What Happens in Method, STAYS in Method!

Flatiron School / 21 October 2013

The following is a guest post by Edina Vath and originally appeared on her blog. Edina is currently in the Ruby-003 class at The Flatiron School. You can follow her on Twitter here.

Well, except global variables, and the return value, and… mmmkay, so whatever happens in method doesn’t always really stay in method but let’s talk scope anyways. FYI the other slogan, the Vegas one, that isn’t quite true either. The hangover definitely does not stay in Vegas, but your MONEY totally does.

If you are just starting out with programming you will very quickly run into the issue of scopes. I will talk about methods, loops and blocks. But not in this order.

Let’s start with loops. Loops do not create a new scope. Whatever you swiftly declare before the loop will be accessible and modifiable inside, and will come out modified after your looping is done. Lets look at a simple example:

after the loop
this will have the value of 5
that will have the value of 6
you can also declare new values in loops and those pesky little things will stick around after your looping action is done

after the loop 
x will have a value of 3 and new will still have the value of 2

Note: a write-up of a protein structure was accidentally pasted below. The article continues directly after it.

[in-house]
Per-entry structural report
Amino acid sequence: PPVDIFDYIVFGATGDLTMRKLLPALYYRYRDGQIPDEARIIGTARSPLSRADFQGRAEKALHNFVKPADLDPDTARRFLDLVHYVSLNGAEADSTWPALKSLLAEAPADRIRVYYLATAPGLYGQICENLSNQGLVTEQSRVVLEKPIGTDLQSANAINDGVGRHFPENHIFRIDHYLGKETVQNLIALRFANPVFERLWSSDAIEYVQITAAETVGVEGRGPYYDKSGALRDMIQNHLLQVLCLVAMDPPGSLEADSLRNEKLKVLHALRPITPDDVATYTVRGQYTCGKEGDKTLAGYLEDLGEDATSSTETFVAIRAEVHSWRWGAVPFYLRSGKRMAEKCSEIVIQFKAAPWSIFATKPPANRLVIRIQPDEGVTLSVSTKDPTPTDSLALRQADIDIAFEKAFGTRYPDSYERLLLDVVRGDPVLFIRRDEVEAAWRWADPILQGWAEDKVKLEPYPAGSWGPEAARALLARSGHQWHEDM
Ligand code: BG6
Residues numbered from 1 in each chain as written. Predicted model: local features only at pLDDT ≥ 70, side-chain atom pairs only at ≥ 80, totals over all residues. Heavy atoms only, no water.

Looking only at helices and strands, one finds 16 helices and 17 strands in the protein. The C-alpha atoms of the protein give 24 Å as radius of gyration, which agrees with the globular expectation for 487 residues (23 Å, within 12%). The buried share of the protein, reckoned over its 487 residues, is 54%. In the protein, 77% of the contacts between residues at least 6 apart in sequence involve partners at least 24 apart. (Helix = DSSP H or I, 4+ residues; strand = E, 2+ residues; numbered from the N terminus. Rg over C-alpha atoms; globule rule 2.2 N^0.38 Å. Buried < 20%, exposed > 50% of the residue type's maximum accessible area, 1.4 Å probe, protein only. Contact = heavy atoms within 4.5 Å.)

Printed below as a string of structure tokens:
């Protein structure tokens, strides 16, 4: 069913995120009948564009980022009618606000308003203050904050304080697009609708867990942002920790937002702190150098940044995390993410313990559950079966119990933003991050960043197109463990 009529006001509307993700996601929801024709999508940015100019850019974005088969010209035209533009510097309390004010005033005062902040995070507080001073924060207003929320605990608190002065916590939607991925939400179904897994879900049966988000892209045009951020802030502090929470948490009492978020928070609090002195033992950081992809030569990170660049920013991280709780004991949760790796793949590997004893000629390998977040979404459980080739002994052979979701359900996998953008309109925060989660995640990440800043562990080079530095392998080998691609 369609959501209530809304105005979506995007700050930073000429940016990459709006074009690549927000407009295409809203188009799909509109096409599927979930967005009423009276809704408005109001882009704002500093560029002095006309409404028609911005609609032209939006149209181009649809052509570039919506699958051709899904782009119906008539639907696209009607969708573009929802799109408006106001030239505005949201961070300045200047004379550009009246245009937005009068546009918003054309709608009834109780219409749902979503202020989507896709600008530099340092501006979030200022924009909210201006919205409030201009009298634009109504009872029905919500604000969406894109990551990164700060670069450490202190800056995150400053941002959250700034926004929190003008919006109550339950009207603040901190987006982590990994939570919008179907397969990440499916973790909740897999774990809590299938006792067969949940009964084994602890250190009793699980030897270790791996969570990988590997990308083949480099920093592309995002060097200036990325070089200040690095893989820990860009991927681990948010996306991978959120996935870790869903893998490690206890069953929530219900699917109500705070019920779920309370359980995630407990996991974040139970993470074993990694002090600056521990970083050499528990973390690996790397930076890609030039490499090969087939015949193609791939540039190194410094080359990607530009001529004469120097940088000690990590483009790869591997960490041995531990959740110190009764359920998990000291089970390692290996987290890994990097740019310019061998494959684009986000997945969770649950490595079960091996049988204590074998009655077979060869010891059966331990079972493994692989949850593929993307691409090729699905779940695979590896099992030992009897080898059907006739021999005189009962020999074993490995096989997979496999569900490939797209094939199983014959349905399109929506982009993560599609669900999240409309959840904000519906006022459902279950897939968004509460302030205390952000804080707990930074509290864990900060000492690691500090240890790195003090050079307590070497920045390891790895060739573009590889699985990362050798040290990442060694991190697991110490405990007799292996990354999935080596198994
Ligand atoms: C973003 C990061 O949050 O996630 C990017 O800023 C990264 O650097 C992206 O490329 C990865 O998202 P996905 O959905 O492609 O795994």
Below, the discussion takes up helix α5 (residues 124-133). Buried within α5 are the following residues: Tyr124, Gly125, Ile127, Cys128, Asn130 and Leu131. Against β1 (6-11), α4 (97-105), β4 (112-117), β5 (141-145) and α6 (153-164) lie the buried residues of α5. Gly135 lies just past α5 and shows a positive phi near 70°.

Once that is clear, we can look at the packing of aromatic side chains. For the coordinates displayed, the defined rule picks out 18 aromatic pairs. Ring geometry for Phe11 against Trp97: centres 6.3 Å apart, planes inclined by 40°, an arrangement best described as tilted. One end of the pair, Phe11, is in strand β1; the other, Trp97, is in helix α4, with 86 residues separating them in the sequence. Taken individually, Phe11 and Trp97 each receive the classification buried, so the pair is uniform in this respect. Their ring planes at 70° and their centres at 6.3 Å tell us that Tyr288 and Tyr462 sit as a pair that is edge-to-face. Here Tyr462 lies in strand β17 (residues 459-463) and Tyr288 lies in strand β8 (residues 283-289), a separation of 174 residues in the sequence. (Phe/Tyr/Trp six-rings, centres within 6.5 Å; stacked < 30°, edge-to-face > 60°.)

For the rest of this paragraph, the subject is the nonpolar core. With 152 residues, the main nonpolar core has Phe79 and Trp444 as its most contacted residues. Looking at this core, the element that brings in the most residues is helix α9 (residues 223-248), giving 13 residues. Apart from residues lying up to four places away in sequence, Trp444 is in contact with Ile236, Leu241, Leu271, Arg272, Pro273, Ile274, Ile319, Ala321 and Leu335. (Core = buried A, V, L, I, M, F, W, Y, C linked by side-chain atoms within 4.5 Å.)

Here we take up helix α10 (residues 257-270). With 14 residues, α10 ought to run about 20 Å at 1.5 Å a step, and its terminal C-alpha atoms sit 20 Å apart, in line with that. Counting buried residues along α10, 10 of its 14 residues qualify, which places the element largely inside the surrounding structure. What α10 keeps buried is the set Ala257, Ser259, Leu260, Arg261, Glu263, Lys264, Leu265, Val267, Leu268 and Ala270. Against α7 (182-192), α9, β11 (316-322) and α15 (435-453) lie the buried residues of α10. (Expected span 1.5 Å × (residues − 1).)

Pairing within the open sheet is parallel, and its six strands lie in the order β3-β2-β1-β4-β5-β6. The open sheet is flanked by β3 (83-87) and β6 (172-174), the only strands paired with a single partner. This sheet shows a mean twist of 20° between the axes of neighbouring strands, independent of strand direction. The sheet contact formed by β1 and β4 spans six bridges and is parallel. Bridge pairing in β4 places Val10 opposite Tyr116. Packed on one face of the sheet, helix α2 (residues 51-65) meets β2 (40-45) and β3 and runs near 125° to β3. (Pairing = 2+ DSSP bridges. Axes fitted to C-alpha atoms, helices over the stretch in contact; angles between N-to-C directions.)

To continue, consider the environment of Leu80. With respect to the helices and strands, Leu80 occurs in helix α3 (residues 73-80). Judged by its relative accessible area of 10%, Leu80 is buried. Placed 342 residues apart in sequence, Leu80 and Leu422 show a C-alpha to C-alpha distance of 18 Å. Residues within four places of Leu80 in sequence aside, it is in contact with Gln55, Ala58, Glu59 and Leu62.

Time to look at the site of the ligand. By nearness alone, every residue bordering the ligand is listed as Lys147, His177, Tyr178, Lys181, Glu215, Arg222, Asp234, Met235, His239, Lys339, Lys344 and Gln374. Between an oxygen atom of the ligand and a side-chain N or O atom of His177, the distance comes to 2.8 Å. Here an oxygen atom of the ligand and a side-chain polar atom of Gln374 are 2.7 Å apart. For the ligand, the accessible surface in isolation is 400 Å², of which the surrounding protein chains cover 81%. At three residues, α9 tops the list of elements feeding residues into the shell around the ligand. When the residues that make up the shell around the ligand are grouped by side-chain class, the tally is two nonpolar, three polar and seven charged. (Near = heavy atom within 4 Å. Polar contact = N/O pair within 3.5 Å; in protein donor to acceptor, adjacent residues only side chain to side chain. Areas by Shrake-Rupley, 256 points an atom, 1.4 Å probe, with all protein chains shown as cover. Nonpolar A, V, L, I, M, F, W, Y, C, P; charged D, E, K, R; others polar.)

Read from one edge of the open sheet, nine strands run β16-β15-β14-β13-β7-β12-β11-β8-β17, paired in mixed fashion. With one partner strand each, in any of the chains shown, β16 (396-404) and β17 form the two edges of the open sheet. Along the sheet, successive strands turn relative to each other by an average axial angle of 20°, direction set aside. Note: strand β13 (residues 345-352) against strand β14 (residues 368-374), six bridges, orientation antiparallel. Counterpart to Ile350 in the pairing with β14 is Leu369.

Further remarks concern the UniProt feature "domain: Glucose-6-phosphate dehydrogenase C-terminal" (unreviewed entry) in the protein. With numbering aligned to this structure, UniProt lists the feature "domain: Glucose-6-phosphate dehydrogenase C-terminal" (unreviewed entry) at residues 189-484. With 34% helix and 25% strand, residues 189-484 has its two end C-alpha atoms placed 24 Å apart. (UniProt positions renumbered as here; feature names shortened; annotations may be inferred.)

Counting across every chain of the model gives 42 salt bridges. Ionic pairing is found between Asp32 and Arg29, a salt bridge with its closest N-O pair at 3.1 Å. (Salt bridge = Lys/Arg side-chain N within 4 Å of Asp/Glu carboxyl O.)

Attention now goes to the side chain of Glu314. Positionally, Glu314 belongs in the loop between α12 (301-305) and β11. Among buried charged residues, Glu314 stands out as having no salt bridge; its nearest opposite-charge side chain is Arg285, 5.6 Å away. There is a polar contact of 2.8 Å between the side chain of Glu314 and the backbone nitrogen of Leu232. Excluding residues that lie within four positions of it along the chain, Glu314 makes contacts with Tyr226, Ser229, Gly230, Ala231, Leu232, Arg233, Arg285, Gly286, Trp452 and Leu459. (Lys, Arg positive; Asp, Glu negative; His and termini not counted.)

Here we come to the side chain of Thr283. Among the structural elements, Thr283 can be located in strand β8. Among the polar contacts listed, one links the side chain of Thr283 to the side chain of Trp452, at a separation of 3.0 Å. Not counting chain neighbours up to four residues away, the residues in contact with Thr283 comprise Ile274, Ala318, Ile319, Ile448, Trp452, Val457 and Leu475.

Easy breezy. Let’s step it up and move over to blocks. Blocks have kind of like a one way scope. You can grab values from the outside and play around with them in your block but if you create new variables inside your block they will only stay alive for couple of milliseconds then they die when the block terminates. How sad. Let’s kill some borg.

after the block enterprise will be "awesomeawesome" and borg will be NameError: undefined local variable or method 'borg' for main:Object cause you know, they are in the black hole. So you see your block can handle input from the outside but cannot declare new permanent variables. Don’t forget that your block will have a return value (just like everything (EVERYTHING) in Ruby) which could help you if you would like to save 7/9 from the borg. I would recommend that you read the ruby-docs on and other iterators to fully understand what certain blocks return.

here the map will return the modified array ['7/9'] but still this will only last for a blink of an eye before our program moves on to more important stuff to do. Let’s save the return value into a variable.

now saved_borg will hold ['7/9'] and we can move on with out adventures to planet method.

I like to think about methods as mini prisons for my variables. The only way something goes into my method if I explicitly send it in and uhm… it kinda won’t get out…? It is a very shady prison now that I think about it. Only one thing gets out of my methods (the return value) and I will carefully chose what that is.

While this method is fun realize that the meal variable will not get changed. After we call our method we will have a return value (either the meal itself or “emtpy_tray”) and meal will still equal "unrecognizable gel-like substance".